The online magazine of the University of Texas System
The University of Texas System stands at the forefront of a growing health care reform movement that promises to make medical practices and procedures more safe, efficient, and cost-effective for all Texans. This movement has been gaining momentum at various institutions around the nation for the last decade, but UT remains the leading institution in the academic world to tackle these issues on a system-wide basis. The recent Clinical Safety and Effectiveness Inaugural Conference and Recognition Event, which gathered experts from around the world in Austin, and honored pioneering projects from around the UT System, represents another important step toward providing Texans with the most effective, efficient and affordable medical treatment possible.
"What it's about more than anything is changing the culture of health care," declares Dr. Kenneth I. Shine, executive vice chancellor for health affairs, "from a culture in which the doctor knows all and is considered perfect, to a culture where we know we can always do better."
Shine, who's been involved with medical quality and safety challenges since 1968, says the reform movementís been growing since 1999, when the Institute of Medicine (of which he was president from 1992 to 2002) issued a report called "To Err Is Human: Building a Safer Health System" which noted that fatal errors in medical treatment were far more common than believed. UT System, with the UT M. D. Anderson Cancer Center leading the way, has subsequently instituted several practices to counteract medical errors. UT M. D. Anderson Cancer Center instituted a course which not only instructed participants on improving clinical safety and effectiveness of medical care, but also required the participants to complete a project to accomplish these goals. This course and project requirement is now expanding to all of the UT health campuses.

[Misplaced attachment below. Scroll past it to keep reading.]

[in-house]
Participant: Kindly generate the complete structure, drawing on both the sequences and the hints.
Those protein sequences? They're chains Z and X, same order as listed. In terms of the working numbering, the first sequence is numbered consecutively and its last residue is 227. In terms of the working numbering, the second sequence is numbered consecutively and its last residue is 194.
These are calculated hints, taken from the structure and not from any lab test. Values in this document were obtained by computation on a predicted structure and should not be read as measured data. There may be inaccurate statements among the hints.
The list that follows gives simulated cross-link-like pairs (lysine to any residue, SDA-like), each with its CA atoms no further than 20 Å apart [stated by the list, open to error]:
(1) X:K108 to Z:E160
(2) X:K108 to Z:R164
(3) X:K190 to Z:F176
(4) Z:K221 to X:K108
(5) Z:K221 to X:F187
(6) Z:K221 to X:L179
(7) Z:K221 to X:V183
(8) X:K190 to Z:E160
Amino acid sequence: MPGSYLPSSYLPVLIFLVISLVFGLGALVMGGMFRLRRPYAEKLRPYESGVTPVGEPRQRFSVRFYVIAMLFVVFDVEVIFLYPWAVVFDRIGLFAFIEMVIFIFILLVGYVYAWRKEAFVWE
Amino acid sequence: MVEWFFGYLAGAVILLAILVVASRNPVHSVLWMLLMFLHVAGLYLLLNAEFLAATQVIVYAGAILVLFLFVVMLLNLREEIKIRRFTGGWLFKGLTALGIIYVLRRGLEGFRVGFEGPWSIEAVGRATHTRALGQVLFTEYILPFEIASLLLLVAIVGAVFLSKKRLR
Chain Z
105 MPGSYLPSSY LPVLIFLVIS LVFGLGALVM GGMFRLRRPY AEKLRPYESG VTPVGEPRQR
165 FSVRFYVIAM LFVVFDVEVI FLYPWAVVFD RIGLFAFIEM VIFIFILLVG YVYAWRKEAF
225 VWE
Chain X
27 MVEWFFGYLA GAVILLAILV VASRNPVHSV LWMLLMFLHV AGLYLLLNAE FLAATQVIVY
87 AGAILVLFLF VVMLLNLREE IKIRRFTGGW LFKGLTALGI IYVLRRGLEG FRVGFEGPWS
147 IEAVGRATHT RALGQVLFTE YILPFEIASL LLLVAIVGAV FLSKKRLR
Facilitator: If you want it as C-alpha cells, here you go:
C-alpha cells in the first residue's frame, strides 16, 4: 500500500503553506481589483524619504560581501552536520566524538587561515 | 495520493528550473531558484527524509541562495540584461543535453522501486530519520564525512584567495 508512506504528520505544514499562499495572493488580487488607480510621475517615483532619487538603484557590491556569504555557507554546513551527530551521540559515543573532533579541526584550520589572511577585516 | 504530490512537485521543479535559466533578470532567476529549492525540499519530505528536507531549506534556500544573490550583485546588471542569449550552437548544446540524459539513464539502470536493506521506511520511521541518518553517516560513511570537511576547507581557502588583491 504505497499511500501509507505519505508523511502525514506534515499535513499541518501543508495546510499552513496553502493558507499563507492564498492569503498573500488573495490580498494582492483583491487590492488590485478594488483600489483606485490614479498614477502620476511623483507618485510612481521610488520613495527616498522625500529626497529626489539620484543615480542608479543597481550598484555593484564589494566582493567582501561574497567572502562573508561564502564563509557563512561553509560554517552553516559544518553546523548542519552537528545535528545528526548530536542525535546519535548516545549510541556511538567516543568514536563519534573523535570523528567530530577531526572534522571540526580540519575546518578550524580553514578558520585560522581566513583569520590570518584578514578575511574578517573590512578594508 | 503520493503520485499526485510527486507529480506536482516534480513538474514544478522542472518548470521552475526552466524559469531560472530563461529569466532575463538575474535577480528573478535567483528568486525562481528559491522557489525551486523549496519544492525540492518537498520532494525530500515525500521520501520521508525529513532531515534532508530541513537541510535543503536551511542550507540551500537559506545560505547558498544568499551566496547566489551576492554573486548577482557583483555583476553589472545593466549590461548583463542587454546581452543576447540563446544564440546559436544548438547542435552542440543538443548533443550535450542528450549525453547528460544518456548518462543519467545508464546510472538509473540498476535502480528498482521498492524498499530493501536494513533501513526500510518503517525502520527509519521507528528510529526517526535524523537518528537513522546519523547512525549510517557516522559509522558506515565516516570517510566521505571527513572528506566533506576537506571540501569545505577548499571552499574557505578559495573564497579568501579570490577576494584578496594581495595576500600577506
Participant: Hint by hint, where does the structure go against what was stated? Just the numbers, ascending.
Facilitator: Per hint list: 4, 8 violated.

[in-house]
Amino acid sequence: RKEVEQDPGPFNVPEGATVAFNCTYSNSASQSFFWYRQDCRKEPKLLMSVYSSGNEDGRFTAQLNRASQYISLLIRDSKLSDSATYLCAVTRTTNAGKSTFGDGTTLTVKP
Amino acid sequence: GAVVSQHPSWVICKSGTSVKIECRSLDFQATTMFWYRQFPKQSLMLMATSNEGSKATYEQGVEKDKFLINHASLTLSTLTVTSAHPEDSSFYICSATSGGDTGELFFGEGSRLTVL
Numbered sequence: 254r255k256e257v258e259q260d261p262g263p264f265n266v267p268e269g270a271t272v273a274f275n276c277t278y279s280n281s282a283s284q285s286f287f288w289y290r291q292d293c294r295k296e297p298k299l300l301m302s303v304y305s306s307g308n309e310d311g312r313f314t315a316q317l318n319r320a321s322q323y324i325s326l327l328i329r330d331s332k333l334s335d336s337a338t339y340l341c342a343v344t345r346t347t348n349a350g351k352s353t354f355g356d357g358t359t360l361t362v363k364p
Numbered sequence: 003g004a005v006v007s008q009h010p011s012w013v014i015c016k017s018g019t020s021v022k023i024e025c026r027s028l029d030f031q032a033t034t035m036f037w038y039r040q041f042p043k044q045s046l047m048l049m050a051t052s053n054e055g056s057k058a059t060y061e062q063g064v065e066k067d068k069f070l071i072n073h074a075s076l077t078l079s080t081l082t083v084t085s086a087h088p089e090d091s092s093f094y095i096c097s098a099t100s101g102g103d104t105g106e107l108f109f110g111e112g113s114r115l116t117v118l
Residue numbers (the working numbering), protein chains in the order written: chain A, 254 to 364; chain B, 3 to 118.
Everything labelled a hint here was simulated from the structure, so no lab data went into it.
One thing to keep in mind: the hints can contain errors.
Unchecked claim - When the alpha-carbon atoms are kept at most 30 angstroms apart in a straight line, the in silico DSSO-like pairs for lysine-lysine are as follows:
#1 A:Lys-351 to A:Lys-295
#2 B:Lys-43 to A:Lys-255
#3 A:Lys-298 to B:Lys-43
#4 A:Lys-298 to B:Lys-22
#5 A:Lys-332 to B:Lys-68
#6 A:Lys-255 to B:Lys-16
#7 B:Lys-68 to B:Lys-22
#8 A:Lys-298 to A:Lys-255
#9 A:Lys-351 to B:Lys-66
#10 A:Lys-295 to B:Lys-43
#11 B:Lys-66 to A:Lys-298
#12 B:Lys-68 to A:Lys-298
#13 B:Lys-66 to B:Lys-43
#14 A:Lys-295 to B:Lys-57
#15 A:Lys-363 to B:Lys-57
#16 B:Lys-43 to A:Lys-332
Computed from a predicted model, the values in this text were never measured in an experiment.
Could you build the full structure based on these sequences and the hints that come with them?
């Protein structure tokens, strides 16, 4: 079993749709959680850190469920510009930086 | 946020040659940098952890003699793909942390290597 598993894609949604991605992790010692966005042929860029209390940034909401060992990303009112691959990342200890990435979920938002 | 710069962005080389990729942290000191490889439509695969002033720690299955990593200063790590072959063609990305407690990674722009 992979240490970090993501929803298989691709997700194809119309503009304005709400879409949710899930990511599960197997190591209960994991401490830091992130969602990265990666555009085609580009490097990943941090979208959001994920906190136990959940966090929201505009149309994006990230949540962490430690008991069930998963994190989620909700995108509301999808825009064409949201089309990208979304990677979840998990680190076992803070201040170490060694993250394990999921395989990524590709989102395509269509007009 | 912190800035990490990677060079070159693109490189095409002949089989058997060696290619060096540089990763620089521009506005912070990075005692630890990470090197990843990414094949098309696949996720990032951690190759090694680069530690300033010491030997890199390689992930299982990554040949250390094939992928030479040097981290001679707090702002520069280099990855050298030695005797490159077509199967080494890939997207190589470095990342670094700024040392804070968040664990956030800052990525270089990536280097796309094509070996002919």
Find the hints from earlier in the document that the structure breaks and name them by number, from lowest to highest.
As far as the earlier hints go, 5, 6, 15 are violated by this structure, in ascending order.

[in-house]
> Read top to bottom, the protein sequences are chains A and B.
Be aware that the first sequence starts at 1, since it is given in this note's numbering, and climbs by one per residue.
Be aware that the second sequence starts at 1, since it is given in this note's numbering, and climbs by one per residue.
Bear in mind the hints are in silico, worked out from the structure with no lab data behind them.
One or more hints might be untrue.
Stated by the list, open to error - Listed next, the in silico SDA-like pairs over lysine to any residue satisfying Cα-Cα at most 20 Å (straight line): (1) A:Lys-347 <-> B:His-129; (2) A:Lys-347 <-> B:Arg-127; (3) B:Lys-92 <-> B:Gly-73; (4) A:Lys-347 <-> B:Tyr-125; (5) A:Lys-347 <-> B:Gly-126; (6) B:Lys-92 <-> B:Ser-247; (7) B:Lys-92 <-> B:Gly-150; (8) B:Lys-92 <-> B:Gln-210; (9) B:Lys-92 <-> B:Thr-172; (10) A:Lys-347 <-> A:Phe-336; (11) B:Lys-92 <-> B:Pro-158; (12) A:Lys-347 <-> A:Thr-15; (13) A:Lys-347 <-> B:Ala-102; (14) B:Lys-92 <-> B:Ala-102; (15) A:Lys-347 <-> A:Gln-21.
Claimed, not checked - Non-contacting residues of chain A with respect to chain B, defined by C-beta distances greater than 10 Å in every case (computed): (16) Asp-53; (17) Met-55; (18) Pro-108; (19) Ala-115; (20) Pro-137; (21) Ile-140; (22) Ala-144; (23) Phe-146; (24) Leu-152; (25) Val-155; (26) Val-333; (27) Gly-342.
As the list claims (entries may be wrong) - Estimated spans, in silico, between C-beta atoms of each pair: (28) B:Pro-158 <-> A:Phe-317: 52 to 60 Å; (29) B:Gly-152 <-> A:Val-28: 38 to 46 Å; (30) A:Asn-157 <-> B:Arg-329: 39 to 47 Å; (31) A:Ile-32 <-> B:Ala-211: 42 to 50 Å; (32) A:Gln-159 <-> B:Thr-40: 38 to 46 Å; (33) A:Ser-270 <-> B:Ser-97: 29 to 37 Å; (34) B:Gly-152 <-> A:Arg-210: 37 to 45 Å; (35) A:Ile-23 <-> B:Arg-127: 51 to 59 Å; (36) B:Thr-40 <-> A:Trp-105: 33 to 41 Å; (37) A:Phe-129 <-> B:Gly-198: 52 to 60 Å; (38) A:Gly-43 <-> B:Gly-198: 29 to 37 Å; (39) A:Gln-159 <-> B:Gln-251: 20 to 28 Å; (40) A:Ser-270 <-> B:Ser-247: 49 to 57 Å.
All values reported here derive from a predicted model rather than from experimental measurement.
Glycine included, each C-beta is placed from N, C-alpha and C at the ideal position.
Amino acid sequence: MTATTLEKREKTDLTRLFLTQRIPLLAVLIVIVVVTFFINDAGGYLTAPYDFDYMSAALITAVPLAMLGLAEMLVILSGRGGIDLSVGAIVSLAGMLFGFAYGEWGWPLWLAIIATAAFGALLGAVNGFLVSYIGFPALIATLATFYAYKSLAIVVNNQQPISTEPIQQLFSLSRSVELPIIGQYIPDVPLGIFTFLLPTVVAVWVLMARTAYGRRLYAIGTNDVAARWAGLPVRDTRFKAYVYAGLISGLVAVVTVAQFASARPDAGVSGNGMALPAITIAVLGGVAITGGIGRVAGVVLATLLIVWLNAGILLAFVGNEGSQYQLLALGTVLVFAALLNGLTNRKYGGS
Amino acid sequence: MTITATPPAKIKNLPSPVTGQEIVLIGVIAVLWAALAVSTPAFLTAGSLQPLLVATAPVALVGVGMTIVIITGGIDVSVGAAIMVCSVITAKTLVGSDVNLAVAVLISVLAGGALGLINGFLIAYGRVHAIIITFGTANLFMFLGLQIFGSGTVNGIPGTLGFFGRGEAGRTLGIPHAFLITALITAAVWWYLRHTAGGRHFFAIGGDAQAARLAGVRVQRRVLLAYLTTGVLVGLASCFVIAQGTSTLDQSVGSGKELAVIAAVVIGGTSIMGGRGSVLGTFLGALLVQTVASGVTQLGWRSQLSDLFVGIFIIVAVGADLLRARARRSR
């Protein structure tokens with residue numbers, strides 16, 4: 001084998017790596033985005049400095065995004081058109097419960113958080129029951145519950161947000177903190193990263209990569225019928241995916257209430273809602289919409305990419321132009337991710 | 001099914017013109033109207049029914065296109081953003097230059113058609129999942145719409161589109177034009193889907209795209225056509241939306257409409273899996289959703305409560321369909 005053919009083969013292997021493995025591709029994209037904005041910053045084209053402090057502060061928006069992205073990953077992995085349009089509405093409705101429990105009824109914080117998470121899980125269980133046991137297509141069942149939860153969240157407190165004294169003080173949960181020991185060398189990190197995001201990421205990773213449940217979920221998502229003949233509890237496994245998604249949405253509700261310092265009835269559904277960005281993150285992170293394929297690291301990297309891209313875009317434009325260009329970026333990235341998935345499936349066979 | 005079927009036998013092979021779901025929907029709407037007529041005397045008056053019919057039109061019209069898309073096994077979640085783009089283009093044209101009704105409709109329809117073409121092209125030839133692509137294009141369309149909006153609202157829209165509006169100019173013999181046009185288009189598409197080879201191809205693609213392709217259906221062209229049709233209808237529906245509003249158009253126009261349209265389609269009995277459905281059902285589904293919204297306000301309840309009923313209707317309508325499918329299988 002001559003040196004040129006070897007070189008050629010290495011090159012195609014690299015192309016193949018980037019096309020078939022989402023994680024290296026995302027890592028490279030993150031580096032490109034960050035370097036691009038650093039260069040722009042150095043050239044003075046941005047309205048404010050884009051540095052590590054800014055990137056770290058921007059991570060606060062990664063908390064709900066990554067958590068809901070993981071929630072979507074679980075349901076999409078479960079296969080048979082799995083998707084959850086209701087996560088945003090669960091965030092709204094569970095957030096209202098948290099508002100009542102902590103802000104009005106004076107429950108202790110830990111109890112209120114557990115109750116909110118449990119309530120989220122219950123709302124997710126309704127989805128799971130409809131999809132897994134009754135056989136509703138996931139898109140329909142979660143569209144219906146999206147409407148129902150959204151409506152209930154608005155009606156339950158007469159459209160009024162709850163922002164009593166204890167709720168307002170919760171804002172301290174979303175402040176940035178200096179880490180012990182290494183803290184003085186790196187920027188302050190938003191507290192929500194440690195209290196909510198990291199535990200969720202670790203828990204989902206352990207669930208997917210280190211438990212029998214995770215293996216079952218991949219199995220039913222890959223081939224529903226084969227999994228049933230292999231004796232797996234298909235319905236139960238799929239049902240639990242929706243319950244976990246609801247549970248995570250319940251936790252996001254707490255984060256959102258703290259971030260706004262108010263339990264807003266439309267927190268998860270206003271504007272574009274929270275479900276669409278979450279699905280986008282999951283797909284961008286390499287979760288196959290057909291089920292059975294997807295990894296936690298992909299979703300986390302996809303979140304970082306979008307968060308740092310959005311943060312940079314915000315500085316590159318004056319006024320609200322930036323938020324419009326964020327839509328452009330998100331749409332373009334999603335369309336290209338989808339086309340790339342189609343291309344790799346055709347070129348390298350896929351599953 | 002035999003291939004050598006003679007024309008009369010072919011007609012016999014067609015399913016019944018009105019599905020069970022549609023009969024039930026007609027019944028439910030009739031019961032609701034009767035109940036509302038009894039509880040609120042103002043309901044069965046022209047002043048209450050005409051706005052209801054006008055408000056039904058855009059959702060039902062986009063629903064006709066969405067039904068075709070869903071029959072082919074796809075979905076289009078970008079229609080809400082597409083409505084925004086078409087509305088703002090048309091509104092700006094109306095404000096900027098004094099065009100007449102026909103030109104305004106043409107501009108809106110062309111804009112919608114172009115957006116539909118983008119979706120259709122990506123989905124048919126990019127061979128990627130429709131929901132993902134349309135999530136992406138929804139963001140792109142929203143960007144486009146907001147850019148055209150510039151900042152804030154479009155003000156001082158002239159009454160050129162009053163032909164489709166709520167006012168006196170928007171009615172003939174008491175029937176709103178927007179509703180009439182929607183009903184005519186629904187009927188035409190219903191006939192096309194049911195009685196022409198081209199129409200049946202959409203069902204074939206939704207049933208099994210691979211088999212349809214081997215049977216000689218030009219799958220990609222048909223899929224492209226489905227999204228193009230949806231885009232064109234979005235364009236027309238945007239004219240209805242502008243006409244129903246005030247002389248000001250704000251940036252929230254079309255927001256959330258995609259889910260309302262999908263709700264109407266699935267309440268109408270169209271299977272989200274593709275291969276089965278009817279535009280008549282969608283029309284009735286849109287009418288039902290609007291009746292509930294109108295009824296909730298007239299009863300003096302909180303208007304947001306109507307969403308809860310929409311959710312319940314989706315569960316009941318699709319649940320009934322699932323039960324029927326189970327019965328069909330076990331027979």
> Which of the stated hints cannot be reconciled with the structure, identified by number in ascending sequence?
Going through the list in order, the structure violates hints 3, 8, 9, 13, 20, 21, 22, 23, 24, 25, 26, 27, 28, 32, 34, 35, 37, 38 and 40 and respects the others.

As an outgrowth of such initiatives more than 420 faculty and staff have completed a course on patient safety and effectiveness. Some 55 groups presented abstracts on the subject at October's Clinical Safety and Effectiveness Conference in Austin. A team from The University of Texas Health Science Center at Houston was awarded $3,000 for the winning project: Improving Blood Product Delivery to the Operating Room for Pediatric Cardiothoracic Surgery. The team reduced the time required to get blood deliveries to the operating room down from 55 to 13.5 minutes. Runner-up presentations involved cutting the time to set up appointments for priority dermatology patients at UT M. D. Anderson from more than a week to less than 48 hours; reducing the rate of contaminated blood cultures at The University of Texas Health Science Center at San Antonio from 4.38 percent to 2.08 percent; and completely eliminating infections (previously seven a month) of elderly patients on respirators at UTHSC-Houston. In addition to improving the quality of care, each project saved money for its institution.